A watchdog group filed a formal complaint with the Office of Government Ethics over the State Department's treatment of major Clinton Foundation donors just days before news of an FBI investigation into the same issue became public.
The Foundation for Accountability and Civic Trust, a conservative ethics watchdog, filed its complaint Friday after the State Department released a new batch of emails that indicated certain Clinton Foundation insiders had gained heightened access to Clinton when she served as secretary of state.
"It turns out that the FBI was looking into the exact same issue, so it was very interesting," Matthew Whitaker, executive director of FACT, told the Washington Examiner.
FBI agents are reportedly looking into allegations of "public corruption" stemming from the potential overlap of Clinton Foundation and State Department work during Clinton's diplomatic tenure. Fox News first reported the expansion of the FBI probe to include the foundation Monday, and a former U.S. attorney later told the Examiner that aspect of the investigation had begun months ago.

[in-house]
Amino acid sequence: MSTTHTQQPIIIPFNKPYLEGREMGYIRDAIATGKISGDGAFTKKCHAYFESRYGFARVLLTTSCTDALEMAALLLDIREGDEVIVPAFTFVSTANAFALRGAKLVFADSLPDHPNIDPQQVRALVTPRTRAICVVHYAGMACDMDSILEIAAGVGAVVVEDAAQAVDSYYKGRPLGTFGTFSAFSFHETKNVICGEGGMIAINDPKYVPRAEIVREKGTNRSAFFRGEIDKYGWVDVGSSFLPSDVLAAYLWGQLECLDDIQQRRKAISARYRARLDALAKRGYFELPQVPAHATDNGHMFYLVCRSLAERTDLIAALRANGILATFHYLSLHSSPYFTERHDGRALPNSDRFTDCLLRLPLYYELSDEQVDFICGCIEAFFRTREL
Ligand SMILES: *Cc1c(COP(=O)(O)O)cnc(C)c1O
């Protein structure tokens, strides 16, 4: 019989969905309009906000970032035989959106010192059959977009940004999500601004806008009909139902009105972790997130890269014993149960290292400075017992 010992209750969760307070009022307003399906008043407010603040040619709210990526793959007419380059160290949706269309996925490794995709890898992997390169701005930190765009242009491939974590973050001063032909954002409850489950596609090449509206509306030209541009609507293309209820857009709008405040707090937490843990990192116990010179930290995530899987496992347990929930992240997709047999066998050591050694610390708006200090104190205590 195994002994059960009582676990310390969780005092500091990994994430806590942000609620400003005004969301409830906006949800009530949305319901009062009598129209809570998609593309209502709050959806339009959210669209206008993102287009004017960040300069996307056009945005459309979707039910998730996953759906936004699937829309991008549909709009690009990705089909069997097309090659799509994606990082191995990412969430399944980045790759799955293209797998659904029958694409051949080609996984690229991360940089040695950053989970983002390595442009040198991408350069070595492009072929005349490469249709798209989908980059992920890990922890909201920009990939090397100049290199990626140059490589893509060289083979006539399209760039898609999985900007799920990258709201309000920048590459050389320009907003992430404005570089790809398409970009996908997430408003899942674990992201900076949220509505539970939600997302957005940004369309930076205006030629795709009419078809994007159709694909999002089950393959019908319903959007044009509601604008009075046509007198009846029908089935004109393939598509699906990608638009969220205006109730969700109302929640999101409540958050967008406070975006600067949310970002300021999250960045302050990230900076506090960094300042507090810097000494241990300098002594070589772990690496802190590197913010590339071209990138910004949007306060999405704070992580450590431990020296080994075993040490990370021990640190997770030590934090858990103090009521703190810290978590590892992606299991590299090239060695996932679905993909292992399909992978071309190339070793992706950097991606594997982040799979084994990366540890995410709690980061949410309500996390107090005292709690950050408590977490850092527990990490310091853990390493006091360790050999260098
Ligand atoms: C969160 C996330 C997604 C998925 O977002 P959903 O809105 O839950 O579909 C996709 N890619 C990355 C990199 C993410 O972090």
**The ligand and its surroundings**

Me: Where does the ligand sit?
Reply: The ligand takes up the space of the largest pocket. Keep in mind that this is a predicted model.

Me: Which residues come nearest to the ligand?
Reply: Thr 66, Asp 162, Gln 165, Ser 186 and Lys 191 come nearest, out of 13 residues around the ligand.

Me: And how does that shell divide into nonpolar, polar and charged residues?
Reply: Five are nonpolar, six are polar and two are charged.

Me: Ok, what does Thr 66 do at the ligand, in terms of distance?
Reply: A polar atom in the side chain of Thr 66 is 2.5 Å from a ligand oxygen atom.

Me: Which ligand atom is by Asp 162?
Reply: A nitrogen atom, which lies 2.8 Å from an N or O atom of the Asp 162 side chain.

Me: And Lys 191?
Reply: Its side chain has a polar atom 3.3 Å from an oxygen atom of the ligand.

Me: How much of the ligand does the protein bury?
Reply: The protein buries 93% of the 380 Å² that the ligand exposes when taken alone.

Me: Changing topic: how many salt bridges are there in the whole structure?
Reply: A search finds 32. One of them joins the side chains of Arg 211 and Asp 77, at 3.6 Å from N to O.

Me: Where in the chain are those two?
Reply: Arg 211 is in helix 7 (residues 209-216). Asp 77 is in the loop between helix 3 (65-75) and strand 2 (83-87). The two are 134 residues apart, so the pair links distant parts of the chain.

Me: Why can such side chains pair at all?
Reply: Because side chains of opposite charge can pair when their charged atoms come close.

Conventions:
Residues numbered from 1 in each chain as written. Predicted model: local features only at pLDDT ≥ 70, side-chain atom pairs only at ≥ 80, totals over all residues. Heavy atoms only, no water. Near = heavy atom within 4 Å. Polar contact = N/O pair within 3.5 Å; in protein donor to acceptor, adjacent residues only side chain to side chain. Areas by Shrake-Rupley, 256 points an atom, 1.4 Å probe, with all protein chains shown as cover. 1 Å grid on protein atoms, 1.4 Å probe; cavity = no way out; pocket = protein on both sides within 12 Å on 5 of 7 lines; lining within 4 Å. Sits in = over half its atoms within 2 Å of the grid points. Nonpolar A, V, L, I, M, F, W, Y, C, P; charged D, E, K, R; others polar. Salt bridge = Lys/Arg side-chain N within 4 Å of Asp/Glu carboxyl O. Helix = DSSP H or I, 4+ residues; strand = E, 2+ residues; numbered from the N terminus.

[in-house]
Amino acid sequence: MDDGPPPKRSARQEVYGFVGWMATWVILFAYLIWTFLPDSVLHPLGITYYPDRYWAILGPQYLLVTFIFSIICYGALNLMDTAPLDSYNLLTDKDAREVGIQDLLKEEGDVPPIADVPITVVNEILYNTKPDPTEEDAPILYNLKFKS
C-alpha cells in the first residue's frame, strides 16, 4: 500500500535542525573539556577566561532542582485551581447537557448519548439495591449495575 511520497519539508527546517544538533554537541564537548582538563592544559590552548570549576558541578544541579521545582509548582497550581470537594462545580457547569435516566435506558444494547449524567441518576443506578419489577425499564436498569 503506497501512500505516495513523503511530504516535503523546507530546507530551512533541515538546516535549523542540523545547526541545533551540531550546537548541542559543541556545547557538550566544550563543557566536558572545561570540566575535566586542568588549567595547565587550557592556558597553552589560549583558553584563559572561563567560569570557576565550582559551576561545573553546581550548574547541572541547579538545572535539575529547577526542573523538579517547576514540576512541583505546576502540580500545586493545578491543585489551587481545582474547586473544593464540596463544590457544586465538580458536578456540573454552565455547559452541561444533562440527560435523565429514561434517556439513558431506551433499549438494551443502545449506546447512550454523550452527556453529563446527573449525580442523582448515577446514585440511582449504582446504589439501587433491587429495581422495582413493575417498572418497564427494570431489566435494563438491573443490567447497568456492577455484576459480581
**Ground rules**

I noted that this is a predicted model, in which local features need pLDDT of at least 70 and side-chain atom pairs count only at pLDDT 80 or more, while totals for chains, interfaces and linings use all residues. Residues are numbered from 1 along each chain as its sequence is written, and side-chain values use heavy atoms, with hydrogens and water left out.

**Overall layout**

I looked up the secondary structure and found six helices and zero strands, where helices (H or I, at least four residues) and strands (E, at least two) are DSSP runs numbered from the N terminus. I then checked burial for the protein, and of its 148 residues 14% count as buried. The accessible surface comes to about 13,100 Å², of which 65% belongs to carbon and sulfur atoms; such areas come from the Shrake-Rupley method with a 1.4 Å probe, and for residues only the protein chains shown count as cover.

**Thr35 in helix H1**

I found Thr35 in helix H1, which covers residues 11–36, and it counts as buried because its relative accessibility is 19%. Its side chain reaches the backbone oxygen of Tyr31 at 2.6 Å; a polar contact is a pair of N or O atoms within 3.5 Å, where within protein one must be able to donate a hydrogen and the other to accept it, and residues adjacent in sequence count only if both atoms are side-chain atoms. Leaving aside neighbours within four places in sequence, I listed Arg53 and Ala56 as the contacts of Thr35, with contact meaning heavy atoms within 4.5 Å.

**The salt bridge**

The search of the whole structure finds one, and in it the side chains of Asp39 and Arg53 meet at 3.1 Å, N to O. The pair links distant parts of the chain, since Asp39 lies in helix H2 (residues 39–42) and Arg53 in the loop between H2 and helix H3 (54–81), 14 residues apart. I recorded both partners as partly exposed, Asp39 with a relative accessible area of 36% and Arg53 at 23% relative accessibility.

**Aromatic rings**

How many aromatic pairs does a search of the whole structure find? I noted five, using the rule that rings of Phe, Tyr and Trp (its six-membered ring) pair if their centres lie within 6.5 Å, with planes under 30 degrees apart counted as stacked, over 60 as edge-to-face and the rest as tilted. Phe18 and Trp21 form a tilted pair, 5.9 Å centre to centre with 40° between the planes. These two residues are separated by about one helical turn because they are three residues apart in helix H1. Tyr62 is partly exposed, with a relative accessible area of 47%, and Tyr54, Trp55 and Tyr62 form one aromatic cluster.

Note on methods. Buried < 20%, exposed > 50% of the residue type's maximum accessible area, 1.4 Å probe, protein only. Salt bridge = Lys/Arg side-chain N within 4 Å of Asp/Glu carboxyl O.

However, Clinton denied reports of the expansion of the FBI probe Monday, calling the Fox News article "unfounded."
"We don't think there's any doubt that there was an ethical violation here," Whitaker said.
The ethics complaint focused on deep-pocketed donors who had made appearances in the latest trove of emails, which the State Department partially published on New Year's Eve and finished releasing early Friday morning.
"Although not a complete list, an example of the donors that obtained special meetings include Bill and Melinda Gates whose family foundation has donated more than $25 million, Victor Pinchuk whose foundation has donated more than $13 million, Susie Buell whose community foundation has donated over $10 million, and Haim Saban whose family foundation has donated more than $10 million, and George Soros who has donated between $500,001 to $1 million, all to the Clinton Foundation through 2015," Whitaker wrote in the complaint.
Kendra Arnold, general counsel for FACT, said the donors cited were selected for more than the size of the checks of they wrote to the Clinton Foundation.
"They each had some issues before the State Department and they were in the last batch of emails," Arnold said.
Questions about the Clinton Foundation's activities while Clinton served as secretary of state first emerged last spring, but were seemingly overshadowed by the controversy surrounding Clinton's use of a private email server to shield her government communications.
The FBI has not commented on reports that agents are investigating potential "public corruption" allegations.